Editors' Note: Guest blogger Gloria Nieto lives in San Jose, Cal with her spouse and pack of animals. She is waiting anxiously for hockey season to start.
With all the latest discussions about the history of Don't Ask Don't Tell (DADT), I wanted to offer a viewpoint that is not from the orchestra seats but from the balcony seats of the Clinton Administration show.
During the Clinton years I had numerous opportunities to participate in a variety of political events, including conventions, meetings in the Senate and White House and membership on the Democratic National Committee. The fabulous Sean Maloney even asked me to breakfast at the White House one morning! For a gal from (at the time) Santa Fe, New Mexico that was pretty heady stuff.
Today, I live a different chapter of my life. It is not so heady but equally satisfying like getting to take my six year old cousin to his first hockey game. These don't make headlines in the press but they are memories for a boy who was, as he called it "the ring man" for our wedding.
During those heady days, I was invited to a small meeting with lesbian and gay leaders and President Clinton at the White House.
Organized by lesbian and gay outreach director Richard Socarides, other participants included Elizabeth Birch, Kerry Lobel, Lori Jean, Kevin Jennings, Kevin Cathcart, Jeff Soref, Tim Gill, Brian Bond, Martin Ornelas-Quintero and myself. My apologies for not being able to remember the representatives' names from PFLAG and Hetrick-Martin!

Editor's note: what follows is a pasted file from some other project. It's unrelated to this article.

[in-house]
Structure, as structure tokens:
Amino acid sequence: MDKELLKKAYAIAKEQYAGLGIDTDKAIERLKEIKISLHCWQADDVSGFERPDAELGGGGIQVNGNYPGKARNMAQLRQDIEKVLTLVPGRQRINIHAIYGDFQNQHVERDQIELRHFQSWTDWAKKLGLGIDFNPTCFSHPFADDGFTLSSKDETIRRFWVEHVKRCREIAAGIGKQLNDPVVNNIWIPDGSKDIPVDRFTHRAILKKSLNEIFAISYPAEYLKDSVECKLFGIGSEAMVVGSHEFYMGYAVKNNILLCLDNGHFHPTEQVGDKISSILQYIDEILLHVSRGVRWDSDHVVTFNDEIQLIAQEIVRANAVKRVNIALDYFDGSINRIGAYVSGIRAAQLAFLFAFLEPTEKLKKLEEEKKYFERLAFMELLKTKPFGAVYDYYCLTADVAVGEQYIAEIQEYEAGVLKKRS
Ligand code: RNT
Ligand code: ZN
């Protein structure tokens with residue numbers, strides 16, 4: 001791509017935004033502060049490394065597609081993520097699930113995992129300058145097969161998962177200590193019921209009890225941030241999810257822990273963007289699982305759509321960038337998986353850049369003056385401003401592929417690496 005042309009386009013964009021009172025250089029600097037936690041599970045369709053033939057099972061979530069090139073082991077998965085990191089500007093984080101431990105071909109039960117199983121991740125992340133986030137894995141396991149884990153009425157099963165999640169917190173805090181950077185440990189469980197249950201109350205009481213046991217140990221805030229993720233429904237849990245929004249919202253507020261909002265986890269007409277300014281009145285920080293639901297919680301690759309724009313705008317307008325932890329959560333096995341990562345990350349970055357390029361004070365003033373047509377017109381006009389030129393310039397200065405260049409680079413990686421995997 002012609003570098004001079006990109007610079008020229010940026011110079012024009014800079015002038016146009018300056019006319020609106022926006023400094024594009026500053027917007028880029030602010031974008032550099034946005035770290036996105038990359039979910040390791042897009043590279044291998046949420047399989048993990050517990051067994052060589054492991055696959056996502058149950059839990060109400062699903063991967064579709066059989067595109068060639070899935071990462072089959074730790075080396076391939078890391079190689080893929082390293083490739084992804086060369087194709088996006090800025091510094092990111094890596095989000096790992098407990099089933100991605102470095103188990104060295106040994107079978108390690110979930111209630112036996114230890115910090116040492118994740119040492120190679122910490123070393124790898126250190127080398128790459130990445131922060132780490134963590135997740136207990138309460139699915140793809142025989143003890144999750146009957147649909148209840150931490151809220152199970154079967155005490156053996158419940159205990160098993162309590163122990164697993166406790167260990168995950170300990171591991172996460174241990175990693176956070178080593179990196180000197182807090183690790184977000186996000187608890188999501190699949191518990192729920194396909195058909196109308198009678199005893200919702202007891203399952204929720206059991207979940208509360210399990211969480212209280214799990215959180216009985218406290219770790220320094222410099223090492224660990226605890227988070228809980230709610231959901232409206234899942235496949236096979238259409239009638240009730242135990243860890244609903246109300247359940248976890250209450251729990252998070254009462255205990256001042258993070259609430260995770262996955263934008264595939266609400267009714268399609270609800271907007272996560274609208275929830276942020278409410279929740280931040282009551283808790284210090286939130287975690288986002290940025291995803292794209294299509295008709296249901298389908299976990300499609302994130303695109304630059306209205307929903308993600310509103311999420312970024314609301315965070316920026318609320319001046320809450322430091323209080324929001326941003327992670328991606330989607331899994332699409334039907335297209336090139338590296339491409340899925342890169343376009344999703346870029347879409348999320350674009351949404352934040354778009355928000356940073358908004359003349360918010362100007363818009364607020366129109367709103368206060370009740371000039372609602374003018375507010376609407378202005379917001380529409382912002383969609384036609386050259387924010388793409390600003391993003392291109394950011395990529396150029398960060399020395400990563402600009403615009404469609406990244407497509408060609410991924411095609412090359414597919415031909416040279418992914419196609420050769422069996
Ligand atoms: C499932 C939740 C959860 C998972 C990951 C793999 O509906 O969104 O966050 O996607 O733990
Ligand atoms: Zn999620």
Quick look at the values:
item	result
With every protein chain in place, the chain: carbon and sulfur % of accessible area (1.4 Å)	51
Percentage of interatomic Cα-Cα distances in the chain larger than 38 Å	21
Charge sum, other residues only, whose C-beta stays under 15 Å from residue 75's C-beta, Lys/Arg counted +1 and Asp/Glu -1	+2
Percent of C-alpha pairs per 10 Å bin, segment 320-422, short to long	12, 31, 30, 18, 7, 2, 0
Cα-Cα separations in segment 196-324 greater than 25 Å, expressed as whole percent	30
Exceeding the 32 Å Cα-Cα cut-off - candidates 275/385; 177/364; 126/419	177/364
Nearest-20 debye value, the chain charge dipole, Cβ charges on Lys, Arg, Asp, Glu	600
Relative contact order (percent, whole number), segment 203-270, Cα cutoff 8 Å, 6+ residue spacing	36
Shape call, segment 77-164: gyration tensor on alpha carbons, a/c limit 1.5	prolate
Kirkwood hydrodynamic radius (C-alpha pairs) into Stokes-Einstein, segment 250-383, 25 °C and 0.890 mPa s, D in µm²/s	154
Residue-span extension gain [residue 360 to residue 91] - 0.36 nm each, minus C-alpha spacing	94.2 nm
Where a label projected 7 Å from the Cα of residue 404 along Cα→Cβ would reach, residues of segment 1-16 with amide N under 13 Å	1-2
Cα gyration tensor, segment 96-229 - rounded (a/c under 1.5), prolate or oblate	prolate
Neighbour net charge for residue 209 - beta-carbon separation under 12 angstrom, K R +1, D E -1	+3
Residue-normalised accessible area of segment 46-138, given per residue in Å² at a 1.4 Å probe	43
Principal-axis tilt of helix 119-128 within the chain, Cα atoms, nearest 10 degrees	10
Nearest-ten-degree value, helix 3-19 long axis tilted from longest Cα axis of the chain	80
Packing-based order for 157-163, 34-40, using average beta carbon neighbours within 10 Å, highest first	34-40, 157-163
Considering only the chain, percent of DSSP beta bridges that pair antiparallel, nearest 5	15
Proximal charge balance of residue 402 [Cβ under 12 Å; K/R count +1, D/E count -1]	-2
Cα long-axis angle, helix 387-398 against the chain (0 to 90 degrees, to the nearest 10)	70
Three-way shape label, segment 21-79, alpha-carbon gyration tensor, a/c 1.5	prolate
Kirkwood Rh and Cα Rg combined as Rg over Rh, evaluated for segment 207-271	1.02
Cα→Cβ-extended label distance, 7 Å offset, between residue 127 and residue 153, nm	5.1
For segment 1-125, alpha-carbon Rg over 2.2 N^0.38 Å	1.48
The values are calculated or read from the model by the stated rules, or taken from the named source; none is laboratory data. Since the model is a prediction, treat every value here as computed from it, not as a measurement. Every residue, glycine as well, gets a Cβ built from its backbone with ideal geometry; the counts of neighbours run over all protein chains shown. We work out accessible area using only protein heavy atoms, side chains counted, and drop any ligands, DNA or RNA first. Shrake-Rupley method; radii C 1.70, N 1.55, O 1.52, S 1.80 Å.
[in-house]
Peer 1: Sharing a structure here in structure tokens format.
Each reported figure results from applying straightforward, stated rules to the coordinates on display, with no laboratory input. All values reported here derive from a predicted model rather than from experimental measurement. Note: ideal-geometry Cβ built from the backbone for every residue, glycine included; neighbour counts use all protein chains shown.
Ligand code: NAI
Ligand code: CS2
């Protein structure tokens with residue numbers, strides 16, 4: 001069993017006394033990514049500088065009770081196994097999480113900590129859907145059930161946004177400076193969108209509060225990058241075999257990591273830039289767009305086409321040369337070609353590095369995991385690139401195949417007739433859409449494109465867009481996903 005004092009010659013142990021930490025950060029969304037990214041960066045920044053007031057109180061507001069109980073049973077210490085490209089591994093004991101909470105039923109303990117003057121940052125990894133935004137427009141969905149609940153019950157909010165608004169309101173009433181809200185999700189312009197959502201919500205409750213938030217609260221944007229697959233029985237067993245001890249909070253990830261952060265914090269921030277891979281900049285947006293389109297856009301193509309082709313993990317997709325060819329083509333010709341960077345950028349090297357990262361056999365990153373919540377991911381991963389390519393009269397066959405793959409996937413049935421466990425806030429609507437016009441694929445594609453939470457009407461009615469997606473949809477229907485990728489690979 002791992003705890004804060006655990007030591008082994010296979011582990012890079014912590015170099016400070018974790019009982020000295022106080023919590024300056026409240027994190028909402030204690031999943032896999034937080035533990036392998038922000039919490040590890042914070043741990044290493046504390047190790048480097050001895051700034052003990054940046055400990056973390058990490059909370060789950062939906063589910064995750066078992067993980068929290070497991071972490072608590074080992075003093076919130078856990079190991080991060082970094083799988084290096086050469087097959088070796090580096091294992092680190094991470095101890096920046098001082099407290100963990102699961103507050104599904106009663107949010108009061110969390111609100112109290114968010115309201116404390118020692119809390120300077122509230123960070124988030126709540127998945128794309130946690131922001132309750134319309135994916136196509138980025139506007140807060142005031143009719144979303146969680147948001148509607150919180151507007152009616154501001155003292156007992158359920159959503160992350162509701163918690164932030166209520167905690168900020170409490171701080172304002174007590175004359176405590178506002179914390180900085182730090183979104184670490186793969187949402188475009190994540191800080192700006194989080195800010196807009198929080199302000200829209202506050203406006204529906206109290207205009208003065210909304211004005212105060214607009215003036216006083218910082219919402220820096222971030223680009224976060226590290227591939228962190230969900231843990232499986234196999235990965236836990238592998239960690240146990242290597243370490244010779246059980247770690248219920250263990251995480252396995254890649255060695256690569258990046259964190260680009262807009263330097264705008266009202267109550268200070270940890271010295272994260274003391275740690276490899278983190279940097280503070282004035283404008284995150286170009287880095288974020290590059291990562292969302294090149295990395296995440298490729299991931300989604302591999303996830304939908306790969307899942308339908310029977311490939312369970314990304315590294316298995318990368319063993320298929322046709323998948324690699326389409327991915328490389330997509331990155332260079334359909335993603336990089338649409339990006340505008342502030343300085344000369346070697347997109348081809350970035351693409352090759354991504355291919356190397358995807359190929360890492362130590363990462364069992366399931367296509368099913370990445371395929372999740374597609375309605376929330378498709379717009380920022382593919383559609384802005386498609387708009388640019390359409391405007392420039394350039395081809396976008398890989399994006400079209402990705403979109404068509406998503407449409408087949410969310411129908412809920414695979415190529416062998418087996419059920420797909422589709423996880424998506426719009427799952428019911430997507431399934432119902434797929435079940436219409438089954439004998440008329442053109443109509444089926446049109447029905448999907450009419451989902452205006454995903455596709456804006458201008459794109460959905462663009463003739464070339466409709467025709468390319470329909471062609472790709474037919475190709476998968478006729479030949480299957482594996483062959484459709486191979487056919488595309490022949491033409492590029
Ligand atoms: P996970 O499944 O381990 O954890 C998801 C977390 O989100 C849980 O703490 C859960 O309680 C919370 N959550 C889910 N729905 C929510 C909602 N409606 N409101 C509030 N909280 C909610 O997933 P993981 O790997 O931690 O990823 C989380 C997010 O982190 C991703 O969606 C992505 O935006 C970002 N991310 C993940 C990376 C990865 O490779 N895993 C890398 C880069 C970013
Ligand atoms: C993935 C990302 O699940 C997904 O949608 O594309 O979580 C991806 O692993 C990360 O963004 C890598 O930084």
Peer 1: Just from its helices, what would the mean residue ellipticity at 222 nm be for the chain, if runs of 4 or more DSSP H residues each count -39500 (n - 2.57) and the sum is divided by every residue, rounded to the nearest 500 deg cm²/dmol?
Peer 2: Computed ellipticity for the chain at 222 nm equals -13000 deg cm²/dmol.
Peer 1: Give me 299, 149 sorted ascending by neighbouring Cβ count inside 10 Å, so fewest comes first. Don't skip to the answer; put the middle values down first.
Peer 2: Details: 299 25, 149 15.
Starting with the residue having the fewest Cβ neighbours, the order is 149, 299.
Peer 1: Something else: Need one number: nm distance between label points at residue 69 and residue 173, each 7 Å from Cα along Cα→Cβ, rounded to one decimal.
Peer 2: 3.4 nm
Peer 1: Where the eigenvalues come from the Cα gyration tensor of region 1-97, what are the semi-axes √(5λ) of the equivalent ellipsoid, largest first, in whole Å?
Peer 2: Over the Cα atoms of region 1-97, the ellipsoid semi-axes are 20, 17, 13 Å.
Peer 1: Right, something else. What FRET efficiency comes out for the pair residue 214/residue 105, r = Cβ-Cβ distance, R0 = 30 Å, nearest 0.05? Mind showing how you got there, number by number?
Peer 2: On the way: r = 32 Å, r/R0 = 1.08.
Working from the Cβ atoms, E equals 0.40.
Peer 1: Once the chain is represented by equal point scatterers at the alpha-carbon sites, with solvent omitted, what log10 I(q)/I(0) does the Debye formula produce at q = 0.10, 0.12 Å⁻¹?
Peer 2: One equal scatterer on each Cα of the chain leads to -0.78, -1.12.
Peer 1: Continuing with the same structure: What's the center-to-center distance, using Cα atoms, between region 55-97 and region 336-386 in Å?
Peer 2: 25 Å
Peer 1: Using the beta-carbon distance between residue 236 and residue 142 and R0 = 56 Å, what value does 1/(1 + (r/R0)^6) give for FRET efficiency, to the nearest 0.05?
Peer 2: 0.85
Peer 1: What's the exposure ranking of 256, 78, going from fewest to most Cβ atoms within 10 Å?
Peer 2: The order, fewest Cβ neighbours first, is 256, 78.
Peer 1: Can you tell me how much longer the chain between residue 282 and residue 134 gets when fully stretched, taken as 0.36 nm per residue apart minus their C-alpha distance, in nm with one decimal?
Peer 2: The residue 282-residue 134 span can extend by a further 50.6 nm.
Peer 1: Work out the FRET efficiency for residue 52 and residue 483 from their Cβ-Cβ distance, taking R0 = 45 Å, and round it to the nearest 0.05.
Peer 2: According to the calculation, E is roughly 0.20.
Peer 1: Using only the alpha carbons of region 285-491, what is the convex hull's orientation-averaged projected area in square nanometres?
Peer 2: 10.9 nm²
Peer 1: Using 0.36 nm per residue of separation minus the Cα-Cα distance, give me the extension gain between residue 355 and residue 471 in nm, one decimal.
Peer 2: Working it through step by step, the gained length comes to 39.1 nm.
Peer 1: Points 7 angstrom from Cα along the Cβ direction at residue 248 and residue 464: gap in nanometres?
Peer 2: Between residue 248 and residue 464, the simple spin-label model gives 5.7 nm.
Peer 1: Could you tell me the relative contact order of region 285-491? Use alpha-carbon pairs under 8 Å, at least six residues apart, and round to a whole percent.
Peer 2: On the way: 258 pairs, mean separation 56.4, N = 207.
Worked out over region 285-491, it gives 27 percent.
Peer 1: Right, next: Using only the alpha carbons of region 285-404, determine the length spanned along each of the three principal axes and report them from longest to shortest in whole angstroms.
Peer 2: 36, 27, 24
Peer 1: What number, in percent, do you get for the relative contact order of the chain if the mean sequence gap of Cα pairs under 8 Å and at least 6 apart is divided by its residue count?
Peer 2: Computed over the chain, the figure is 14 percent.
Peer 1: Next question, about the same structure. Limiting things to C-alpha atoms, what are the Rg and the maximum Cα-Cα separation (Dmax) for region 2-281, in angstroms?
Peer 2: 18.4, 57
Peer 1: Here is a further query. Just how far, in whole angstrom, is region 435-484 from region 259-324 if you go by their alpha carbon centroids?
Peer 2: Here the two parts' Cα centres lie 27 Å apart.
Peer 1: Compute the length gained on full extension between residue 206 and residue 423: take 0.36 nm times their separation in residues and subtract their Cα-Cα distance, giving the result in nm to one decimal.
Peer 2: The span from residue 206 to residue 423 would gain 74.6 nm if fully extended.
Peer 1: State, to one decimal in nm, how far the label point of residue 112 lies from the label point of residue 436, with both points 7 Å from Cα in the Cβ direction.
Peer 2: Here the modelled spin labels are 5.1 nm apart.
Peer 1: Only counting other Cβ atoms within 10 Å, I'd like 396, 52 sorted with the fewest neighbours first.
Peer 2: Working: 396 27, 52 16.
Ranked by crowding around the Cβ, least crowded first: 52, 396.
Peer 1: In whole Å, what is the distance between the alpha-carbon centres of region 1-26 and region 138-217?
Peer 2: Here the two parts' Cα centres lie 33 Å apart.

Some notable portions of those conversations as I recall them:
- Lorri Jean opened the meeting with a request for Clinton to use his bully pulpit to include us. When he says African American, Latinos, and women, he should include us as part of America.
- Jeff Soref raised the issue of DADT. He pointed out that Clinton was taking positions the lesbian and gay community had to oppose, giving DADT as an example.
Clinton responded that he had made a mistake raising this issue and thinking he could just change the policy with a signature. He was new to DC and said he didn't understand the resistance he would get on this.
He said he should have studied Eisenhower's integration of the armed forces. There was a model of how to reach a desired goal and work within the culture of the military. This would have created much less resistance and gotten to the finish line intact without the loss of political capital.
So while there has been finger pointing and blaming, many claiming a historical revision, I wanted to point out that Clinton knows he made a mistake on DADT. While I am not one to sit quietly on the sidelines hoping for a crumb, I also wonder how we can create some political wiggle room so everyone can work together to end DADT?
Including former President Clinton.